The Suquamish are a Lushootseed (Puget Salish) speaking people that traditionally lived along the Kitsap Peninsula, including Bainbridge and Blake Islands, across Puget Sound from present Seattle. Many of the present Suquamish live on the Port Madison Indian Reservation in the reservation towns of Suquamish and Indianola. Today the town of Suquamish is home to a world class new museum, culture center for Native American history and culture, Clearwater Casino Resort, White Horse Golf Course & Club House, Kiana Lodge host of memorable events and weddings.
The beautiful new Suquamish Museum
and Cultural Center are located just up the hill from the Old-Man-House village
site, Suquamish Memorial and restores Chief Seattle Grave Site. Set in a natural landscape of native plants the 9,000 sf space reflects the traditional Big
House architecture of the Coast Salish and houses
the Suquamish Tribes collections of artifacts, photographs and
manuscripts. The public areas offer permanent and temporary Exhibition
spaces, Research space, Education rooms, and a Museum Store. Click for information about visiting and events.
On the shores of Agate Pass in Suquamish is a small site called Old Man House Park. If you want to trace the history of Kitsap Peninsula, this is an excellent place to begin your journey. The major Suquamish winter village was at Old Man House on the shoreline of Agate Passage at d’suq’wub meaning “clear salt water.” The Suquamish name translates into the “people of the clear salt water.”
For the Salish Tribes of the Puget Sound, a single large building served as the center of the community, a place for community living and major events. The original home of the Suquamish, Old Man House, was over 600 feet long and stood in what is now Old Man House Park. The House served our people for generations before being burned down by the government in 1870 following the death of our leader, Chief Seattle.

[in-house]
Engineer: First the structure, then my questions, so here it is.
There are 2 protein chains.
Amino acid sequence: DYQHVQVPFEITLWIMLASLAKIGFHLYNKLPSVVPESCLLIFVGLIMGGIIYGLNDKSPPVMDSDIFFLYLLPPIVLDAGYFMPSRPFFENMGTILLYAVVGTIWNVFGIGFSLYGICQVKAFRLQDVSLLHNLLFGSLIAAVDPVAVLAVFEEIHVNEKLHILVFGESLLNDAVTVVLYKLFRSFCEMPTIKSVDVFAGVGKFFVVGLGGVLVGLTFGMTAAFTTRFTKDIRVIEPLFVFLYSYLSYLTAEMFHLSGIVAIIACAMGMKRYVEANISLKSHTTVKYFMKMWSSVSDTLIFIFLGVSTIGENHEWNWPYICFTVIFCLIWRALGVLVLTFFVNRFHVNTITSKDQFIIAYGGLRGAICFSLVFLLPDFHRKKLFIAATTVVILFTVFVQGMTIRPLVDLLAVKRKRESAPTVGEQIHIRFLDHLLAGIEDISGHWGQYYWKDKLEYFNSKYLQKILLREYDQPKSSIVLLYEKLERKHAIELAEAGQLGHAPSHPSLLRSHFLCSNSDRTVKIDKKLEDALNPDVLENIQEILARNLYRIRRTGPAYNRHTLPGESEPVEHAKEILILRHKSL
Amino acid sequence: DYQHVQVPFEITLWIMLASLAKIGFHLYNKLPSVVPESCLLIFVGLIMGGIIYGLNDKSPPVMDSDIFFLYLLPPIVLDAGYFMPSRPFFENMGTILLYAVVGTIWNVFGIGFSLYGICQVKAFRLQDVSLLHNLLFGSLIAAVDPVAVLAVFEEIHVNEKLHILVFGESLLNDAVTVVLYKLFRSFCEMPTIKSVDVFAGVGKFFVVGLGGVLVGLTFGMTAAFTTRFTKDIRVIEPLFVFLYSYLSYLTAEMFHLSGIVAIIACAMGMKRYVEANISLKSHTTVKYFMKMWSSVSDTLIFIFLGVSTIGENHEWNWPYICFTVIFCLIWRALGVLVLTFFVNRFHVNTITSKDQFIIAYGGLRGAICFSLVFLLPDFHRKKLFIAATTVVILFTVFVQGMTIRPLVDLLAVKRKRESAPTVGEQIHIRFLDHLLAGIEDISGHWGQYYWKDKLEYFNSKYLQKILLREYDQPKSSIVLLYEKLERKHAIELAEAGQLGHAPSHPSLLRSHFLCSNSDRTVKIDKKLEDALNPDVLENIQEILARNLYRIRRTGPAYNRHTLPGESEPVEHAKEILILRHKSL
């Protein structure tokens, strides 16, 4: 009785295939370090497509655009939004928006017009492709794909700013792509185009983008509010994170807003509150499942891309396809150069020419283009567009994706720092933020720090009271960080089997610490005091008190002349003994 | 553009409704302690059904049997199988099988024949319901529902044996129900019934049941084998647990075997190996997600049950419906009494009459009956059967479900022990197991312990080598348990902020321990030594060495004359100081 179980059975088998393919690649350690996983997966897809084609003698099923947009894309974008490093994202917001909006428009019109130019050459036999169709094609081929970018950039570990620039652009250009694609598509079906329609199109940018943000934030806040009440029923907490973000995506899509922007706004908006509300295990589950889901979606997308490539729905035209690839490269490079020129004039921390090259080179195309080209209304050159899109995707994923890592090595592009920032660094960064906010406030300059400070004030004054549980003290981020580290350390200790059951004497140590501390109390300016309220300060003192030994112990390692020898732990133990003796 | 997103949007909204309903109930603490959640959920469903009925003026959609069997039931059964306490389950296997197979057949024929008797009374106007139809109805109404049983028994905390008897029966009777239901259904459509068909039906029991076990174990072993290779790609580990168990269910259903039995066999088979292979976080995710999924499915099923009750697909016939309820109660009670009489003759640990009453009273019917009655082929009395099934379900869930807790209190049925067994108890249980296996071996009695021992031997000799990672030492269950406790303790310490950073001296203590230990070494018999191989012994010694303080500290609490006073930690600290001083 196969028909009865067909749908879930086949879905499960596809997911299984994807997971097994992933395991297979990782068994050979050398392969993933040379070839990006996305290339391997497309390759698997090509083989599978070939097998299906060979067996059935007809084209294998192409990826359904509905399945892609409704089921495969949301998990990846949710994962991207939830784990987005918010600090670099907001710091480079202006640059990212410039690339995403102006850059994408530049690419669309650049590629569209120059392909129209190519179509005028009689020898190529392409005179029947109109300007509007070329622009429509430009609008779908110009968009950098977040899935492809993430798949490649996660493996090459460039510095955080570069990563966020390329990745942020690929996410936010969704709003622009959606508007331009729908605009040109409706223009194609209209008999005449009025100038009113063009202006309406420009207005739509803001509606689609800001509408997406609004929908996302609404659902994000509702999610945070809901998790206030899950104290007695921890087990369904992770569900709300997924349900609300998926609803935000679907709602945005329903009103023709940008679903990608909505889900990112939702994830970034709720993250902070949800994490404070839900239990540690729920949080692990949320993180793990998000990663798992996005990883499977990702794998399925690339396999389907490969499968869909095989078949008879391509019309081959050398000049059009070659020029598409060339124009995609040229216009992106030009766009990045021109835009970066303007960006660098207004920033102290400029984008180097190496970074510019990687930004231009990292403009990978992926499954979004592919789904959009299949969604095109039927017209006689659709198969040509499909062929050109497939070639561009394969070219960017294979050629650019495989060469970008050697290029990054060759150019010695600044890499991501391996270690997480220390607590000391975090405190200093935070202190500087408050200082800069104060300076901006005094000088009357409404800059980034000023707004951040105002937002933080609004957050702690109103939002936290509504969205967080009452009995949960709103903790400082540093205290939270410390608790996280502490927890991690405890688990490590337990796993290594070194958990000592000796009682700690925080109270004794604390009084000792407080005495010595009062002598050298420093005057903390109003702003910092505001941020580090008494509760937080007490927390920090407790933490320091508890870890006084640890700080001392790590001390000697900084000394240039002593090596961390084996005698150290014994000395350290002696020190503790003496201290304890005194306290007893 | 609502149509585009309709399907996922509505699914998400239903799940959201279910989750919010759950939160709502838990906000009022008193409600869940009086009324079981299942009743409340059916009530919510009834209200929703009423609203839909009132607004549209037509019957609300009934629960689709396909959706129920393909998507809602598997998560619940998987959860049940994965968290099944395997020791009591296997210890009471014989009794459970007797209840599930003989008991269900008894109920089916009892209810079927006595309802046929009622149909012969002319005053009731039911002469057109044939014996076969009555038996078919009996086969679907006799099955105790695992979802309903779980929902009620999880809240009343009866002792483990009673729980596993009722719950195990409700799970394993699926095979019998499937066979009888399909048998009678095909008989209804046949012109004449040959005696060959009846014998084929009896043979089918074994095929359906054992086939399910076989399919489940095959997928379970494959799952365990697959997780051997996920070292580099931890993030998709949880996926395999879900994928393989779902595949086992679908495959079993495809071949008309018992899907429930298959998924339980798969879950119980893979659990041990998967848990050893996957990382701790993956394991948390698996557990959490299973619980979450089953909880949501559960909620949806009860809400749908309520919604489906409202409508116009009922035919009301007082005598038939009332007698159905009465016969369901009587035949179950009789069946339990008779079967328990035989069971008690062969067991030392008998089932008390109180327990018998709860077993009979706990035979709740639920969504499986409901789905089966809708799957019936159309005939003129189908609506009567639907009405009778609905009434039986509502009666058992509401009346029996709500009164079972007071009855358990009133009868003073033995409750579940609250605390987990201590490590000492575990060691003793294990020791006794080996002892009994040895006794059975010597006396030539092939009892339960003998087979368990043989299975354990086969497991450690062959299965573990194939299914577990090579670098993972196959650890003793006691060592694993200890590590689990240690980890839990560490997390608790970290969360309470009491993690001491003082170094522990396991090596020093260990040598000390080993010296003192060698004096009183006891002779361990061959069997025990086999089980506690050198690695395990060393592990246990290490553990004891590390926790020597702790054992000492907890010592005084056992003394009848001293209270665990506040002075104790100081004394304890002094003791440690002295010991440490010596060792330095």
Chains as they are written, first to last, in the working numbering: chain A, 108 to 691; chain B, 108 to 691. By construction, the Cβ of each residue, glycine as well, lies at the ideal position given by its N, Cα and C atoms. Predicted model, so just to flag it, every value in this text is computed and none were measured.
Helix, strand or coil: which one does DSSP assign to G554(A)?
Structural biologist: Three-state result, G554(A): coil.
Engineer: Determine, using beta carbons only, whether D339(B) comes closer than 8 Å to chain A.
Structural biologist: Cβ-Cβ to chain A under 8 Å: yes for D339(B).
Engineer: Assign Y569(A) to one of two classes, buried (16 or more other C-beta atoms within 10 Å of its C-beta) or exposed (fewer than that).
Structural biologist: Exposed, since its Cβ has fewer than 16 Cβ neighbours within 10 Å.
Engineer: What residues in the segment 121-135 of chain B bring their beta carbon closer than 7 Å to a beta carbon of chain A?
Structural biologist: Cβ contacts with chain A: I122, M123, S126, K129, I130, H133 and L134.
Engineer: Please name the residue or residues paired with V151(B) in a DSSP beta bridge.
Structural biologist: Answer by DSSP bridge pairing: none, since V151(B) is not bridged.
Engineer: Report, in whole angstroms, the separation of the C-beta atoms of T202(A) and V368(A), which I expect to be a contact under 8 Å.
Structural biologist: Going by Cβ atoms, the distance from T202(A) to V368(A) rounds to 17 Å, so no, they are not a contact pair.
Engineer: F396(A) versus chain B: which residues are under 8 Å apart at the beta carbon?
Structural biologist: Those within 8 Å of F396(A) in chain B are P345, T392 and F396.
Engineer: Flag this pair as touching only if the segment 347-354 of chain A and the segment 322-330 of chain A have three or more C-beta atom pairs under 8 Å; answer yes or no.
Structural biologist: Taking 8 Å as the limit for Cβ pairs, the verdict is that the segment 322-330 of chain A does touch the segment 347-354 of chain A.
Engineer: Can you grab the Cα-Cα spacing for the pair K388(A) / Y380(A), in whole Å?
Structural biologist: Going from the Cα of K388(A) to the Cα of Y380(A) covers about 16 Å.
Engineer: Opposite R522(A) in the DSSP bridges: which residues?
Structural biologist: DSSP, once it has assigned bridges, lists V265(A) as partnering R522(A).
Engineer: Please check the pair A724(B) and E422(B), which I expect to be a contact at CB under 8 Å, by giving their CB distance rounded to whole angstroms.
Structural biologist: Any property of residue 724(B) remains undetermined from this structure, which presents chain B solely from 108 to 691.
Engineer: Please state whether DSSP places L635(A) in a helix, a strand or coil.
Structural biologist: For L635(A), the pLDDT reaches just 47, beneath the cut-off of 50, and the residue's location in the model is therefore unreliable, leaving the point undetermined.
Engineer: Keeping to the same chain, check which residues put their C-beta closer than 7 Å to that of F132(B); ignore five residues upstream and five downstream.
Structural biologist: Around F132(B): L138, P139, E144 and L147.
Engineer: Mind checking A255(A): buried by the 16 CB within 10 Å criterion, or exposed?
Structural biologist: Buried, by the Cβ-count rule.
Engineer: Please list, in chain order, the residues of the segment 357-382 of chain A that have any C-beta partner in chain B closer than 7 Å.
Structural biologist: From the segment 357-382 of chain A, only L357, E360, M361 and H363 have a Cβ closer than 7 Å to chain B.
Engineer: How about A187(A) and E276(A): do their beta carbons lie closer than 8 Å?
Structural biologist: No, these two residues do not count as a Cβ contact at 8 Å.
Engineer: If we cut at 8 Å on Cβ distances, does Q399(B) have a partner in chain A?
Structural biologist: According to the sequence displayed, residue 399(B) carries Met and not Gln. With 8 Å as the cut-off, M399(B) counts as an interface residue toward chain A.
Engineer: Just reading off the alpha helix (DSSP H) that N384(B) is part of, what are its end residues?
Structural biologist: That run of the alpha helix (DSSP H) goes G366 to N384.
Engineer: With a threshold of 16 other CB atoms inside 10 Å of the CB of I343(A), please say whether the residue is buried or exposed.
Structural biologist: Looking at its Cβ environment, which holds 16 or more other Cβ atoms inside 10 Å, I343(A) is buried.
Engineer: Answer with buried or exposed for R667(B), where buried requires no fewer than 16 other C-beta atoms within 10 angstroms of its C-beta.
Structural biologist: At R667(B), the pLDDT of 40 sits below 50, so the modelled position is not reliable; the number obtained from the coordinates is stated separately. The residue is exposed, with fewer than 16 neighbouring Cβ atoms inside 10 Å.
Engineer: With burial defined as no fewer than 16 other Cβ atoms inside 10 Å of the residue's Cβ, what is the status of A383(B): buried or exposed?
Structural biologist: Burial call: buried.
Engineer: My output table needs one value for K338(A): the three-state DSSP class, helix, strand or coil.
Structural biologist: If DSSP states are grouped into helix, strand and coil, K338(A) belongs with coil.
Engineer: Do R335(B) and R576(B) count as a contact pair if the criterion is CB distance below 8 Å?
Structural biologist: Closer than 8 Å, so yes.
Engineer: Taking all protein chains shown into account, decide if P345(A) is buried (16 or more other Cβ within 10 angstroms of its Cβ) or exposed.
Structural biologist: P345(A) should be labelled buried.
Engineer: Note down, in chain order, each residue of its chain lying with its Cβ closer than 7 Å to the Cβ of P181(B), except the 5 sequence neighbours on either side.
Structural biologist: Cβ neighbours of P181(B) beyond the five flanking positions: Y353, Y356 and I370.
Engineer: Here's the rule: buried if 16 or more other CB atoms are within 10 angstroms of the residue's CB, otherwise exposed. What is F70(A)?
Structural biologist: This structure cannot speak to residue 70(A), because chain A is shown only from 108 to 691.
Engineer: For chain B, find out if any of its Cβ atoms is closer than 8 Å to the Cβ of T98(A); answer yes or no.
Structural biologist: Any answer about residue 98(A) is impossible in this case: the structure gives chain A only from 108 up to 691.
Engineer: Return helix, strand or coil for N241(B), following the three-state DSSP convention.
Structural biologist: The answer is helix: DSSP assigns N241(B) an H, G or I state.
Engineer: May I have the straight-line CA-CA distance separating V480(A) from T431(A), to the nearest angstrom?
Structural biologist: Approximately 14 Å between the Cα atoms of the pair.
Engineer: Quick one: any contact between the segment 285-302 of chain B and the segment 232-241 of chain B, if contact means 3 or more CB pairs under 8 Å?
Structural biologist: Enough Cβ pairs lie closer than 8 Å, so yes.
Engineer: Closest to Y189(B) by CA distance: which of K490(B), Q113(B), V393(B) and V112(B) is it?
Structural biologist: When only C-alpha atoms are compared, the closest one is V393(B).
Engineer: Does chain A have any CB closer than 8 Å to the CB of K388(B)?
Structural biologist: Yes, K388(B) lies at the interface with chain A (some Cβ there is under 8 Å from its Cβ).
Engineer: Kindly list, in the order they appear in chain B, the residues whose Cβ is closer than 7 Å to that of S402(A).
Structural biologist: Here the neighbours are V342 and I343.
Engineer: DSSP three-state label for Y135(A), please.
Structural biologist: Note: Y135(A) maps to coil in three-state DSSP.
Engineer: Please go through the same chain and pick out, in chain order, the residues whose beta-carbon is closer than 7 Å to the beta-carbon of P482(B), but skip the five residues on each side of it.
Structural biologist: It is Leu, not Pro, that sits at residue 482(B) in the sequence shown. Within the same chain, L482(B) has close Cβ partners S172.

Today, the center of the Suquamish cultural resurgence is the new Suquamish Community House, sgwÓ™dzadad qÓ™Å‚ ?altxw -The House of Awakened Culture, modeled after its historic predecessor the Old Man House. The new 13,169 square foot Suquamish Community House, shown above, features
traditional-style architecture and materials, such as eight house posts
carved in the Coastal Salish style and cedar siding. Like Old Man House,
it is located on the waterfront in Suquamish.
The Community House and its adjoining outdoor area is used for a wide
variety of community-building programs that teach and celebrate our
living culture. Community members can participate in Lushootseed
language classes, traditional weaving and carving.
Suquamish Tribe Canoe Journey
The sgwÓ™dzadad qÓ™Å‚ ?altxw was the center of the 2009 Tribal Canoe Journey Hosting. The Tribe hosted more than 10,000 people from all over the Pacific Northwest, Canada and Alaska.
Youth Canoe Journey
trainings, regalia making, and song and dance practice in the Community
House. In addition, the Tribe, its guests and others will use the
Community House as a location for traditional ceremonies and modern
celebrations that mark life's milestones, such as honoring, graduations,
family reunions, weddings and funerals.